By Tony Paige
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Now that the NFL season is over and the Cheese Heads were victorious, there is some unfinished business about America’s past time.
Make no mistake about it, Major League Baseball has been surpassed by the mighty National Football League.
Back in the day when I was watching Bart Starr and the Green Bay Packers run to daylight in the ’60s, CBS televised the NFL while NBC carried the upstart AFL.
Besides CBS and NBC carrying pro football games today, you have FOX, ESPN and the NFL Network bringing the games to the masses.
Now before you start figuring out who’s going to the next Super Bowl, you have to ask is there going to be a football season this fall?
The owners and the players are at an impasse concerning how to divide billions, with a B, of dollars.
If they can’t come to a compromise by 11:59 pm on March 3, the owners will institute a lockout and there will be no pro football for the foreseeable future.
Let’s hope they get this righted.
Nobody wants a work stoppage, but I hope a few things fall in the player’s laps.
Hopefully, their health benefits will increase. There have been so many concussions that I hate to think what some of these players are going to feel and sound like in 10 years.
Hopefully, the NFL Players Association will take better care of the retired players who helped make the league a billion dollar, world-wide business. For all the present day players who don’t want to give up any cash to help them, I hope they can recall their sentiment when they are retired … and hurting physically and financially.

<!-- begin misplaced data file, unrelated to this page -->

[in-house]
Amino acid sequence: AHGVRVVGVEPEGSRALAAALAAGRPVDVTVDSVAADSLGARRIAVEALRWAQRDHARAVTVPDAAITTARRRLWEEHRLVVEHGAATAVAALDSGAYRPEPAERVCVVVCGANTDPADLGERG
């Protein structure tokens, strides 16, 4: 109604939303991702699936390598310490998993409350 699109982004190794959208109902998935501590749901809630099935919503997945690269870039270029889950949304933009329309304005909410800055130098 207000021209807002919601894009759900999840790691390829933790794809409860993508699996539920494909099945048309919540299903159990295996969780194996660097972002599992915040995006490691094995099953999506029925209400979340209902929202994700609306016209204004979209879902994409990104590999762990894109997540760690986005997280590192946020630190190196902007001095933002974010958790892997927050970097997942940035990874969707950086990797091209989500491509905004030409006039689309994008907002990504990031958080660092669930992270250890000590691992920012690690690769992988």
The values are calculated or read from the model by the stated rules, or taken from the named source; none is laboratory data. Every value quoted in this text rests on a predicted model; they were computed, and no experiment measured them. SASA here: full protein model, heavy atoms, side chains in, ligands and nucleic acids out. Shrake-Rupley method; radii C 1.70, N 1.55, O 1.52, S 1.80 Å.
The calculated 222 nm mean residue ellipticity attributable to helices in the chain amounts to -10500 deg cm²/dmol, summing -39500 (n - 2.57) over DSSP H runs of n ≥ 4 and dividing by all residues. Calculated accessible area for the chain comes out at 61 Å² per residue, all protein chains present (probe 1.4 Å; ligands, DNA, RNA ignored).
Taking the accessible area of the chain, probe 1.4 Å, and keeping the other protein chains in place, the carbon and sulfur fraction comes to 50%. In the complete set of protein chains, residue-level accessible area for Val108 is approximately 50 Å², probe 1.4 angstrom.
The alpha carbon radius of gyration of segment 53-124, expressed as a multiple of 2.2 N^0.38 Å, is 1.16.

And hopefully, the powers that be will keep the present schedule of 16 games and not the proposed 18-game schedule.
I’ve already mentioned the enormous amount of concussions this year, but they have been happening as long as football has been played.
When I spoke with Hall of Famer Elvin Bethea, who made his living playing the defensive line for the old Houston Oilers, he said, frighteningly, “We got concussions every game and we kept on playing.”
Times have sure changed.
For all those who want an 18-game schedule, you have to be concerned about the players health.
Sure they are replaceable, but at what cost.
If you’ve ever interviewed retired pro football players, watching them walk across a ballroom at some press conference, you are struck by how slowly these once great athletes now move.
Some move gingerly, some just shuffle along.
That’s that price that has to be paid by these gallant warriors.
The men who gave us thrills and chills during the fall, don’t look so good in the winter of their lives.
Replaced knees and hips seem to plague them all.
How would you like it if you were paid well to play in the NFL, but looked at a lifetime of hobbling along when your playing days are over?
Therein lies the rub.
For all of you who want an 18-game NFL season, none of you are wearing pads and helmets, aren’t getting your bell rung, aren’t looking at knee, arm, shoulder, etc. surgery, but you will be able to come back next week and the week after that and the week after that to cheer … not play.
The players play and get paid well but some get injured so badly that their careers are over and then they start looking for work just like us mortals.
They dreamed of playing in the NFL and for many of them, the dream turned into a crippling nightmare.
Don’t you become the boogey-man in the closest haunting the players to play 18 games … unless you are willing to put on the pads and take a hit or two.
- NFL, Players’ Union Cancel Day 2 Of Labor Talks (newyork.cbslocal.com)